In my view, the question was as contradictory as it was dangerous. Contradictory, because there is certainly sufficient foundation, based on realities, to consider the (conditional) suspension of the embargo or to show partiality for dialogue between governments after half a century of sterile confrontations, without the need to resort to such gross falsehoods, especially – and I say this without xenophobic animosity or without a smack of nationalism – when they are brandished by foreigners who don’t even have a ludicrous idea of the reality the Cuban common population lives under or what its aspirations are. Dangerous, because the enormous power of the press to move public opinion for or against a proposal is well known, and to misrepresent or distort a reality unknown to that public, can have dire consequences.

But it seems that such an irresponsible attitude threatens to become a common practice, at least in the case of Cuba. This is what happens when overly enthusiastic professionals confuse two concepts as different as “information” and “opinion” in the same theoretical body.

It is also the case of the article referred to above, that its essence is the answer to a question that is asked and answered by the author, using the faint topic of the first anniversary of Barack Obama’s historic visit to Cuba and some conjectures about the continuity of the relations between both governments with the new occupant of the White House.

“What repercussions have the normalization of relations between the United States and Cuba had on the Cuban people?” the writer of the article asks, and she immediately answers herself by assuming several suppositions, not totally exempt from logic, but regrettably inaccurate.

“Greater openness to Cuba has undoubtedly meant greater interaction with the Cuban people through the exchange of information from the thousands of Americans who now visit the island”, she says. And this is partially true, but this “exchange of information” about a society as complex and mimetic, and as long closed off as Cuba’s, is full of mirages and subjectivities, so it ends up being a biased and exotic vision of a reality that no casual foreign visitor can manage to grasp.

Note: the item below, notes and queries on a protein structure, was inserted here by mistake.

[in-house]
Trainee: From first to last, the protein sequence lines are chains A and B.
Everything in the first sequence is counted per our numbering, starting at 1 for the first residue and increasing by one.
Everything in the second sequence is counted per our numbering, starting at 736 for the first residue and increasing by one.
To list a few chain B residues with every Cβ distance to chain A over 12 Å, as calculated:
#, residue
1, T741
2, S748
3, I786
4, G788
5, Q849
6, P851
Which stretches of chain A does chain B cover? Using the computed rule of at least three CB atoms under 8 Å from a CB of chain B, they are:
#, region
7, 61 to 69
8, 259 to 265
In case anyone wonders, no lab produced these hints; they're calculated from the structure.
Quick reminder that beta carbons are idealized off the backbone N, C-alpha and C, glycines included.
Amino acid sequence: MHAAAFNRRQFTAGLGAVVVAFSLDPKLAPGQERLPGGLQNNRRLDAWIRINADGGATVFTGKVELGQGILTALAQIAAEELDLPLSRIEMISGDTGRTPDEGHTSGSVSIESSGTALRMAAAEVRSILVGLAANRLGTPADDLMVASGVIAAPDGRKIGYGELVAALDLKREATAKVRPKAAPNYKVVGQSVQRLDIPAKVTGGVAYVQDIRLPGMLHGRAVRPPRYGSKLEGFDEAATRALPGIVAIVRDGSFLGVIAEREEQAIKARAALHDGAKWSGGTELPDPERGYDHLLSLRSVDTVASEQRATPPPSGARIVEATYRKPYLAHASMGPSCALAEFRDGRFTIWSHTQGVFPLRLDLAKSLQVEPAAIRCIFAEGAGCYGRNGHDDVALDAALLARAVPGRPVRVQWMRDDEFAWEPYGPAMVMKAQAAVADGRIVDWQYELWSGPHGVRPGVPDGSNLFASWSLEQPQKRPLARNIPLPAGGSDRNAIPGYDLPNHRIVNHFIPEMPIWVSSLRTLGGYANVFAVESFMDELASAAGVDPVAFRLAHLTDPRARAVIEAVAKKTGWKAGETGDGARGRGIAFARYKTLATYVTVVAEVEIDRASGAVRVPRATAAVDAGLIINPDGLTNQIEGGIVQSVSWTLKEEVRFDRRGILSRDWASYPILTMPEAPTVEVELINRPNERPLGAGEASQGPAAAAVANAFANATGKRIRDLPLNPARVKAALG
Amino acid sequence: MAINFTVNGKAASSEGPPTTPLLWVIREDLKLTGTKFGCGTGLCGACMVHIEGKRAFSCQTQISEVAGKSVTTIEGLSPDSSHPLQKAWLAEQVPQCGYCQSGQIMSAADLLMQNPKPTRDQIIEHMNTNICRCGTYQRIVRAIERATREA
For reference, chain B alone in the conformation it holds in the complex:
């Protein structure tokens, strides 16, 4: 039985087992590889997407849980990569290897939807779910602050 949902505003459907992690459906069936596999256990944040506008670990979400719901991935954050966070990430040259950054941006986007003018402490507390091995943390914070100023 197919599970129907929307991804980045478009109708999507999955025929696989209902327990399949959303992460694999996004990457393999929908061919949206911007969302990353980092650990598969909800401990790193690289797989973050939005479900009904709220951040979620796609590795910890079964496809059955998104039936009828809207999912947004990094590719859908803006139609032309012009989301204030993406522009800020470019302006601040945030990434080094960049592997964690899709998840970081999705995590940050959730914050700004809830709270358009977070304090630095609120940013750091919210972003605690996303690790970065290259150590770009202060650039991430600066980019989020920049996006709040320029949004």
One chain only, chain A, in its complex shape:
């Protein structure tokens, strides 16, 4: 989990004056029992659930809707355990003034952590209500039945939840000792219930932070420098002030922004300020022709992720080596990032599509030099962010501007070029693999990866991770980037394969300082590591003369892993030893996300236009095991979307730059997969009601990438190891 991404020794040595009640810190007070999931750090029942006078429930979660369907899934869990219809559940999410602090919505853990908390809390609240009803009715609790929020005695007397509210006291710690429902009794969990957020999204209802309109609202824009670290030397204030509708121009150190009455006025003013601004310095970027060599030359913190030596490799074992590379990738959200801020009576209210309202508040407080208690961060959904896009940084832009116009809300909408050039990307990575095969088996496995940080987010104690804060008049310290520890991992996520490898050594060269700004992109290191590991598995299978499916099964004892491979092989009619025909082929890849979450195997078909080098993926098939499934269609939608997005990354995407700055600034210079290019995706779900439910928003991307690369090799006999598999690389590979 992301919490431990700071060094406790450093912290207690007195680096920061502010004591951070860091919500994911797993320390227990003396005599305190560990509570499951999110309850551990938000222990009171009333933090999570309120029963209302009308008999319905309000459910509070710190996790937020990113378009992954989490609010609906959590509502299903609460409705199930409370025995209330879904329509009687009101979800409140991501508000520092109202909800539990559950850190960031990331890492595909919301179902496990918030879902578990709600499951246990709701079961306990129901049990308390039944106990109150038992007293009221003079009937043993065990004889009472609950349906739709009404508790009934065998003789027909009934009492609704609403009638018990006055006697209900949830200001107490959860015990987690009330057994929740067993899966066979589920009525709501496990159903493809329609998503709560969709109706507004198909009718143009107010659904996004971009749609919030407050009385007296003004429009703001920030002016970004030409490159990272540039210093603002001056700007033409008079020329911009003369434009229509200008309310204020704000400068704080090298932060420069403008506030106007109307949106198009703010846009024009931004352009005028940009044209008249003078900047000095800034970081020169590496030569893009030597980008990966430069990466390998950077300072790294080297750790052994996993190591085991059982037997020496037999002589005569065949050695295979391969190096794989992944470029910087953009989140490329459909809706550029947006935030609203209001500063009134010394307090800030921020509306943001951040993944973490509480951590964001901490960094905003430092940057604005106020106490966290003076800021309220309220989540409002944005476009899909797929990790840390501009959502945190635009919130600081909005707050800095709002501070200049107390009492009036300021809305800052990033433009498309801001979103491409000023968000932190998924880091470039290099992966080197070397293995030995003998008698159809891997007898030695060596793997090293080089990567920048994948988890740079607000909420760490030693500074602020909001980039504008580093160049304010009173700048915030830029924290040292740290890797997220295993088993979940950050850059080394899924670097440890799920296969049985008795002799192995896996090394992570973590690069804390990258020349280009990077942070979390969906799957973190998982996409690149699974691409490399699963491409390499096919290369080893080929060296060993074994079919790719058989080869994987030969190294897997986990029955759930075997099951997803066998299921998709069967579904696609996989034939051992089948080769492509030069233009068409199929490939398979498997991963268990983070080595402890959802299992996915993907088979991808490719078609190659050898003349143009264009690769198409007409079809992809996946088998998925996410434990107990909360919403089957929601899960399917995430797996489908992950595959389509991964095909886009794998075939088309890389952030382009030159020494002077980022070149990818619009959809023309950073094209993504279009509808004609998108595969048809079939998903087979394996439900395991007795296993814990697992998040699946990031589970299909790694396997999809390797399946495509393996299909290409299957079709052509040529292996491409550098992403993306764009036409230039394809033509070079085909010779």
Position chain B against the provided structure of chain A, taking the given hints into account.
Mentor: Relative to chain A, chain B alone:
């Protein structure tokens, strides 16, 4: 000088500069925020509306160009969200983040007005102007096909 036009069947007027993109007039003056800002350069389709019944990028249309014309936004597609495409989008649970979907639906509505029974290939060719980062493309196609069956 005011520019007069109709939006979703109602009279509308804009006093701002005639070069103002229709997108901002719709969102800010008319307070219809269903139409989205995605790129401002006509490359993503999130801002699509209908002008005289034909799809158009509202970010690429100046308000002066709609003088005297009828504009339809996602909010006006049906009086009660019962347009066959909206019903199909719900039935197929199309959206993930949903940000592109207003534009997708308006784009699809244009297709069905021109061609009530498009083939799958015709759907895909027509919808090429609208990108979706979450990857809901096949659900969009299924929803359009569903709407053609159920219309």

A diffuse assertion of the article is one that reassures: “Tourism represents the main economic source for the country, and at the same time it leverages other sectors related to textiles, construction and transportation.” Let’s see: It may be that tourism has gained an economic preponderance for Cuba, but that it has boosted the textile, construction and transportation sectors is, at the most, a mere objective, fundamentally dependent on foreign capital investment, which has just not materialized.

In fact, the notable increase in tourist accommodations and restaurants, bars and cafes in the private sector is the result not of the tourist boom itself but of the inadequacy of the hotel and gastronomic infrastructure of the State. If the author of the article has had privileged access to sources and information that support such statements, she does not make it clear.

But if the colleague at El Nuevo Herald came away with a relevant discovery during her trip to Havana –job related? for pleasure? – it is that many young people “believe in the socialist model.” Which leads us directly to the question, where did these young people learn what a “socialist model” is? Because, in fact, the only thing that Cubans born during the last decade of the last century have experienced in Cuba is the consolidation of a State capitalism, led by the same regime with kleptomaniacal tendencies that hijacked the power and the Nation almost 60 years ago.